Turing and the ecological basis of morphogenesis

about #AlanTuring #morphogenesis #ecology
It is recently published a paper (in open access) dedicated to the morphogenesis. The work (and the model) is inspired by Alan Turing:
Our results demonstrate that a simple model implementing counteracting processes acting on different length-scales can indeed recreate branching patterns similar to those of swarming colonies. The kernel-based phenomenological model presented here draws from ecological theory, which has long recognized the relevance of distance-dependent processes as drivers for spatial patterning (Levin 1992). Many concepts from patterning in ecology are intimately related with the chemical basis of morphogenesis first proposed by Turing (1952), who first explained that counteracting positive and negative chemical processes acting on different length-scales can lead to symmetry-breaking that triggers biological patterning (Morelli et al 2012). The model presented here is inspired by Turing's findings but uses the spatial kernel approach of recent population ecology models (e.g. Rietkerk et al 2004, Lindstrom et al 2011) rather than reaction–diffusion processes.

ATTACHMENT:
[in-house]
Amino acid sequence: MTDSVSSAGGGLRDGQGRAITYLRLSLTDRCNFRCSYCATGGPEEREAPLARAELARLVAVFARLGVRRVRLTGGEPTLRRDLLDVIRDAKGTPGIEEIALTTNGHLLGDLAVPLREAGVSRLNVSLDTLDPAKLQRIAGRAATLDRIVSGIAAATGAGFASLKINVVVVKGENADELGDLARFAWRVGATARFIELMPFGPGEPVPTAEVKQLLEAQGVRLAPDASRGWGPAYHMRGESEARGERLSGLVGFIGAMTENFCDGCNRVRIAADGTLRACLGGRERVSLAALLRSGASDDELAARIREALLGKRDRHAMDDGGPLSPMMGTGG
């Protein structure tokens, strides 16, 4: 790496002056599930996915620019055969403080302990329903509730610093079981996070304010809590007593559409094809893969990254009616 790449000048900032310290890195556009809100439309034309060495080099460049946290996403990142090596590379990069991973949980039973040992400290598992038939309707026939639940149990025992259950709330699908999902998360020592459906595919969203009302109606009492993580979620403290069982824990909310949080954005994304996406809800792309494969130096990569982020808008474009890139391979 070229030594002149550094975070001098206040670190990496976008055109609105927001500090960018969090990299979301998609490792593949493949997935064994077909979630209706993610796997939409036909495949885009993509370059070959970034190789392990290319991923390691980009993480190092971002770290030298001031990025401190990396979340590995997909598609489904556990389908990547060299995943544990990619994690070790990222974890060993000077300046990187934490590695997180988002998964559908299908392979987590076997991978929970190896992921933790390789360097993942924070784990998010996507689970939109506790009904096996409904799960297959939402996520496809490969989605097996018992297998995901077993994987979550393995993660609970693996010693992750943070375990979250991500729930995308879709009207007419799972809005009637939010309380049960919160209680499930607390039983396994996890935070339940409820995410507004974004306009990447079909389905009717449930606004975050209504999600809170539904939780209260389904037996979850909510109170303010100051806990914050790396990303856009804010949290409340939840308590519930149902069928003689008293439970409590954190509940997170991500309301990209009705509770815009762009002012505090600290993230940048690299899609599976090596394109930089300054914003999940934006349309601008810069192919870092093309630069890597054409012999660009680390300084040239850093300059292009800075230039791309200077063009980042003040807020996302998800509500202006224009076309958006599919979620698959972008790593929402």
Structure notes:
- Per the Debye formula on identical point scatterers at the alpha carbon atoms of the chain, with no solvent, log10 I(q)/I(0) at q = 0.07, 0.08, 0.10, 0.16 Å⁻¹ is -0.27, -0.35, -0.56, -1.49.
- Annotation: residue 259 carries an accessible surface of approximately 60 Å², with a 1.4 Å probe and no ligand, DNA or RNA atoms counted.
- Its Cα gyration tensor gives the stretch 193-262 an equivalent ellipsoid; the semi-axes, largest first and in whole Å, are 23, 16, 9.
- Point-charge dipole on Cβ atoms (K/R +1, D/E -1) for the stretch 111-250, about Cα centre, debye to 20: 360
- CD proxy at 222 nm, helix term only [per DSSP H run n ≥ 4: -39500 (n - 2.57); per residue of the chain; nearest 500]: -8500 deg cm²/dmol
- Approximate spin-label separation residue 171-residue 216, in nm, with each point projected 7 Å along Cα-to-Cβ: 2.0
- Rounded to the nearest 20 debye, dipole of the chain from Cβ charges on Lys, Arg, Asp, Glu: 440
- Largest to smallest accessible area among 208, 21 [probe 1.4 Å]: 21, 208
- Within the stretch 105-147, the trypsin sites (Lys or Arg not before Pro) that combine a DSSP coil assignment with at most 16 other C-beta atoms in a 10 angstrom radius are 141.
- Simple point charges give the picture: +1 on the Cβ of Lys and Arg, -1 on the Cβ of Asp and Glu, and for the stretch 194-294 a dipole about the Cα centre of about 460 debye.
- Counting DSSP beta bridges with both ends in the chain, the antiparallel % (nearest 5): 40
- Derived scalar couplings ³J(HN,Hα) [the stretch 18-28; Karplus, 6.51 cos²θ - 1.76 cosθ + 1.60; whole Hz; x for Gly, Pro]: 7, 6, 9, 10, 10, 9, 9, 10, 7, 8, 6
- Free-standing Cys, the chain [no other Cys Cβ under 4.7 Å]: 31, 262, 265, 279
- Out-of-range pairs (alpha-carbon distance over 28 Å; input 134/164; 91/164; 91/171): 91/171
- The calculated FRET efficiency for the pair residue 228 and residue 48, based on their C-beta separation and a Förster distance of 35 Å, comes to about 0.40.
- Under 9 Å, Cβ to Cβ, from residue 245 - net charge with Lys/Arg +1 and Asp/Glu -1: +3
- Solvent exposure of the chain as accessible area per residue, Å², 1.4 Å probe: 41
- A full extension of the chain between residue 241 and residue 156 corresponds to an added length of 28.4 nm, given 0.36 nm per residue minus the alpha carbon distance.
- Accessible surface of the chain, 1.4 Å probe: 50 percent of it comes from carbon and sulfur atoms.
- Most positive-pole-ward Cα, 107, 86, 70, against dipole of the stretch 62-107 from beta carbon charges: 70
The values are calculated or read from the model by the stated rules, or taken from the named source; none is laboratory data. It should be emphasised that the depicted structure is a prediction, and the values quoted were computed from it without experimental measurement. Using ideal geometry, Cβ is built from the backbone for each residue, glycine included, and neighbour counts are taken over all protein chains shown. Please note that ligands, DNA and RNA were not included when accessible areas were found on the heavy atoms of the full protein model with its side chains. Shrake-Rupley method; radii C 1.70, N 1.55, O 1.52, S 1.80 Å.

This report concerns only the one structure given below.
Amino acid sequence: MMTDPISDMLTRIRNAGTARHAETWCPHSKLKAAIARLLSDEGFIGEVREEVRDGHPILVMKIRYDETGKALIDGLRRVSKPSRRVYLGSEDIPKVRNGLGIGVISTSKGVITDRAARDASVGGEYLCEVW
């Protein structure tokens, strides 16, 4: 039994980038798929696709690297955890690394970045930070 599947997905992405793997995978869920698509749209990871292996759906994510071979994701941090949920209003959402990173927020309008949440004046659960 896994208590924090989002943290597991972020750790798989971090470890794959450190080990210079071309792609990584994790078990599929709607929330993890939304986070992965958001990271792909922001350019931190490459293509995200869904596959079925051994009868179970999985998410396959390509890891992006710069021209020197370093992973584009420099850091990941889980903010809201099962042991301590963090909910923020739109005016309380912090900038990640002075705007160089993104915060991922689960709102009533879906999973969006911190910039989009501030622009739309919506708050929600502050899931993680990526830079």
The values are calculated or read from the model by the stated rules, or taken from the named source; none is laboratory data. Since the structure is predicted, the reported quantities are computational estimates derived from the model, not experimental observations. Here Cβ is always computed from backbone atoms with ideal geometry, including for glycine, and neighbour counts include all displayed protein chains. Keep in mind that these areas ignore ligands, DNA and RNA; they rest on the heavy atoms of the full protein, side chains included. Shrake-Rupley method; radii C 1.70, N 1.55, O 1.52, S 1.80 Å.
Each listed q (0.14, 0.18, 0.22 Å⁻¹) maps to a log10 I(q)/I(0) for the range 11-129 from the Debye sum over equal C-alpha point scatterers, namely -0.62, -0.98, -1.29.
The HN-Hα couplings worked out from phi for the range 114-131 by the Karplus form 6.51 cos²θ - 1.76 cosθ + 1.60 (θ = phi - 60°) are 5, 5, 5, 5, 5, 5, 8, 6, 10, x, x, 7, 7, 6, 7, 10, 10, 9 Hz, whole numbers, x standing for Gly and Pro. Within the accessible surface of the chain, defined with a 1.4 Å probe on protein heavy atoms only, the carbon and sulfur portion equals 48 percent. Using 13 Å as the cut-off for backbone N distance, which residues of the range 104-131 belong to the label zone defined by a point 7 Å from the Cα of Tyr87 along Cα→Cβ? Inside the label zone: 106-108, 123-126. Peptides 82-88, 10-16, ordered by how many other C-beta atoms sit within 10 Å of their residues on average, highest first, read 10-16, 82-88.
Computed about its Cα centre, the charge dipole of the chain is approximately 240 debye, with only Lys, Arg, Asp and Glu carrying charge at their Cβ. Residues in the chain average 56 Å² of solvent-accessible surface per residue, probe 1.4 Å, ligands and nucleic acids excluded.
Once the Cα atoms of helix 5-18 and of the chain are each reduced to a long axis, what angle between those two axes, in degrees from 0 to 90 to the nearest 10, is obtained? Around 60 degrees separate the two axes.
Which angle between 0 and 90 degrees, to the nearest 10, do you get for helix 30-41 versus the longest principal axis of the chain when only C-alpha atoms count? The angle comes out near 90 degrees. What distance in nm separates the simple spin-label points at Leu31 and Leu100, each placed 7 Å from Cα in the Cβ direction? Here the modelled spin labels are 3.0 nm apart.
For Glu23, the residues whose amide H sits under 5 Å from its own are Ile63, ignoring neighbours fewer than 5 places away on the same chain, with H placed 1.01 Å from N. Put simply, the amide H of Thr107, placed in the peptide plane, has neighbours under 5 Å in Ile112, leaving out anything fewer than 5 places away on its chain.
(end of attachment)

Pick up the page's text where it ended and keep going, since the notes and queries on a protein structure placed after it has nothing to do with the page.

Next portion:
Pan Deng, Laura de Vargas Roditi, Dave van Ditmarsch, Joao B Xavier (2014). The ecological basis of morphogenesis: branching patterns in swarming colonies of bacteria New Journal of Physics, 16 (1), 1-16 DOI: 10.1088/1367-2630/16/1/015006

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